As vast as the Milky Way may seem, our sprawling galaxy is but a speck next to galaxy clusters—collections of hundreds to thousands of galaxies bound together by gravity. At the heart of most clusters sit massive old galaxies, within which only a few new stars are born each year.
Now a multi-institution team led by MIT has identified a galaxy cluster seven billion light-years away that is among the most massive and most luminous in the universe. It’s known as SPT-CLJ2344-4243 or the Phoenix cluster, in honor of the constellation in which it resides.
While the cores of most galaxy clusters appear red, indicating that their stars are all very old, the Phoenix cluster’s core galaxy (shown in this artist’s rendering) is bright blue. This suggests that the surrounding gas is cooling rapidly, generating ideal conditions for star formation. Indeed, the galaxy churns out a dazzling 740 stars per year.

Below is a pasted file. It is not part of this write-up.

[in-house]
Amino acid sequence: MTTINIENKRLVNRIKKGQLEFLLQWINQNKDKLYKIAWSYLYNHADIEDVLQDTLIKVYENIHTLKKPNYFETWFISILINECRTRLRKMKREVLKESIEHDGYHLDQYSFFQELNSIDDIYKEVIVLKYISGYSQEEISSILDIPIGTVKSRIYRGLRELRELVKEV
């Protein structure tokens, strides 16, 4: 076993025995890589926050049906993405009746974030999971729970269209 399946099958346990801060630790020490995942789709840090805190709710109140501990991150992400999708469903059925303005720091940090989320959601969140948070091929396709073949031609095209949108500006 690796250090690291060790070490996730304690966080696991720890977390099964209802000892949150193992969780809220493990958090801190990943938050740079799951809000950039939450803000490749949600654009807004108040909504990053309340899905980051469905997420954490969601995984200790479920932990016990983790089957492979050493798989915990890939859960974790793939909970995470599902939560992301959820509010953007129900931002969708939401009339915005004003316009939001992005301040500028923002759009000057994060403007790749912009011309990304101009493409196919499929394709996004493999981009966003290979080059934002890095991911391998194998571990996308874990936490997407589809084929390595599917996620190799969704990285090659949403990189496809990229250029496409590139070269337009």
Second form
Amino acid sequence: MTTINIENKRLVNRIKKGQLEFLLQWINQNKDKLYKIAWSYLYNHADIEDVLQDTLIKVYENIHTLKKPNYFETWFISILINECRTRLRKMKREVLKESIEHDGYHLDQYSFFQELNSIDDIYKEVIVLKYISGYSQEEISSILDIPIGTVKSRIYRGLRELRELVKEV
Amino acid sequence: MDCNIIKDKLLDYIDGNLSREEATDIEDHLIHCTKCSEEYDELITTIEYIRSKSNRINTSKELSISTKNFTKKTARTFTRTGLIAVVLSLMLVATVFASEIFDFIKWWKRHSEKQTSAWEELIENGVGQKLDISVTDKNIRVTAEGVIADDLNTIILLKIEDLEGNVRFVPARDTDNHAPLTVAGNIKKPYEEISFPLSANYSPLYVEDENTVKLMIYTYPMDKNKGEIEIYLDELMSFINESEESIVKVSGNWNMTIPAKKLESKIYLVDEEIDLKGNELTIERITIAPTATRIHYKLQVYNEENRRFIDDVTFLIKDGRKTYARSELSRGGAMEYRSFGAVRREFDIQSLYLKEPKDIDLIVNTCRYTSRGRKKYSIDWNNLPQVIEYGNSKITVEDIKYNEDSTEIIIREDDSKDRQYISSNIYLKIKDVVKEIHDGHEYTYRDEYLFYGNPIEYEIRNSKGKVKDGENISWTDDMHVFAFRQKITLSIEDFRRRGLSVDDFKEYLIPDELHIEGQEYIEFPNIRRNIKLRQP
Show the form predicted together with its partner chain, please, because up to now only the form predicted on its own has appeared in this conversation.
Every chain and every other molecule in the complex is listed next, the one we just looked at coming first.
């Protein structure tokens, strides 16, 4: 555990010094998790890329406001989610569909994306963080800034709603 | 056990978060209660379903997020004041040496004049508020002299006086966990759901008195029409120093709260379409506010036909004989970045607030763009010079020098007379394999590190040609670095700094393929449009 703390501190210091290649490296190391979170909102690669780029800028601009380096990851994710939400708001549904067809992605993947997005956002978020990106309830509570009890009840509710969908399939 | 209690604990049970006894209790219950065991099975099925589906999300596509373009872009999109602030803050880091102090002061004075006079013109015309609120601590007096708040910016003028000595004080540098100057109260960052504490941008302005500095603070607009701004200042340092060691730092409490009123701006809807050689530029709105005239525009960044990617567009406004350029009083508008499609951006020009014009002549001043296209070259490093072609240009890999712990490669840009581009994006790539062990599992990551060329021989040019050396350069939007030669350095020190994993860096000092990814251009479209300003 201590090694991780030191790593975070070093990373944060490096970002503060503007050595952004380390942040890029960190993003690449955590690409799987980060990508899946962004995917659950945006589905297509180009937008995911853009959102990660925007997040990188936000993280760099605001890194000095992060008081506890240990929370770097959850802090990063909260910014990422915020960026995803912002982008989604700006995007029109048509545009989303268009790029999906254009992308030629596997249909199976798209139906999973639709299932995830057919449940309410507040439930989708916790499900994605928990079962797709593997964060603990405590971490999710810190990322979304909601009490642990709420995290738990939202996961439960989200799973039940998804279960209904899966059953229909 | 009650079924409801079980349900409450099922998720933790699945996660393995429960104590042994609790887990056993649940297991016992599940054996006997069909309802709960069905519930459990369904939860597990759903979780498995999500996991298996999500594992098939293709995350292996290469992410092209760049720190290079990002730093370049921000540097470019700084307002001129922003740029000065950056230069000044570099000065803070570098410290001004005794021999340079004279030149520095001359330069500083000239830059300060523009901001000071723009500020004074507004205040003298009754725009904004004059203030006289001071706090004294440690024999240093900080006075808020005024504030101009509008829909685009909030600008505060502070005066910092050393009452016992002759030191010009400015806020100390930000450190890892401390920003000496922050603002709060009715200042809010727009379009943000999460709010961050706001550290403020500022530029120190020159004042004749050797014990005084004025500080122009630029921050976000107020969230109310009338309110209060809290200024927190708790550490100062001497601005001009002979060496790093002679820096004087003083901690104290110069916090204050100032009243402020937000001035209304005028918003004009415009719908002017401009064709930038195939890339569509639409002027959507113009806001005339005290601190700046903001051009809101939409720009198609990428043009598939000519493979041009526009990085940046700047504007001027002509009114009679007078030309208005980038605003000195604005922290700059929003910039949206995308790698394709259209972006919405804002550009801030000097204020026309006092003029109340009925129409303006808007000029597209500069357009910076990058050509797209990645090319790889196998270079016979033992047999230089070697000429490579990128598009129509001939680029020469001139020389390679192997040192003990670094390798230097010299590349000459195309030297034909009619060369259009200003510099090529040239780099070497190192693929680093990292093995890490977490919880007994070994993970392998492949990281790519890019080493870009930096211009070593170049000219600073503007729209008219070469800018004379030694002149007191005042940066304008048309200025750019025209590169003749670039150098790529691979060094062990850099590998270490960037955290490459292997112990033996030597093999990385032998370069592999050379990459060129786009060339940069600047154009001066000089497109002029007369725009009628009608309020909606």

“Central galaxies have typically been referred to as ‘red and dead’—just a bunch of old stars orbiting a massive black hole, and there’s nothing new happening,” says Michael McDonald of MIT’s Kavli Institute for Astrophysics and Space Research. “But the central galaxy in this cluster has somehow come to life and is giving birth to prodigious numbers of new stars.”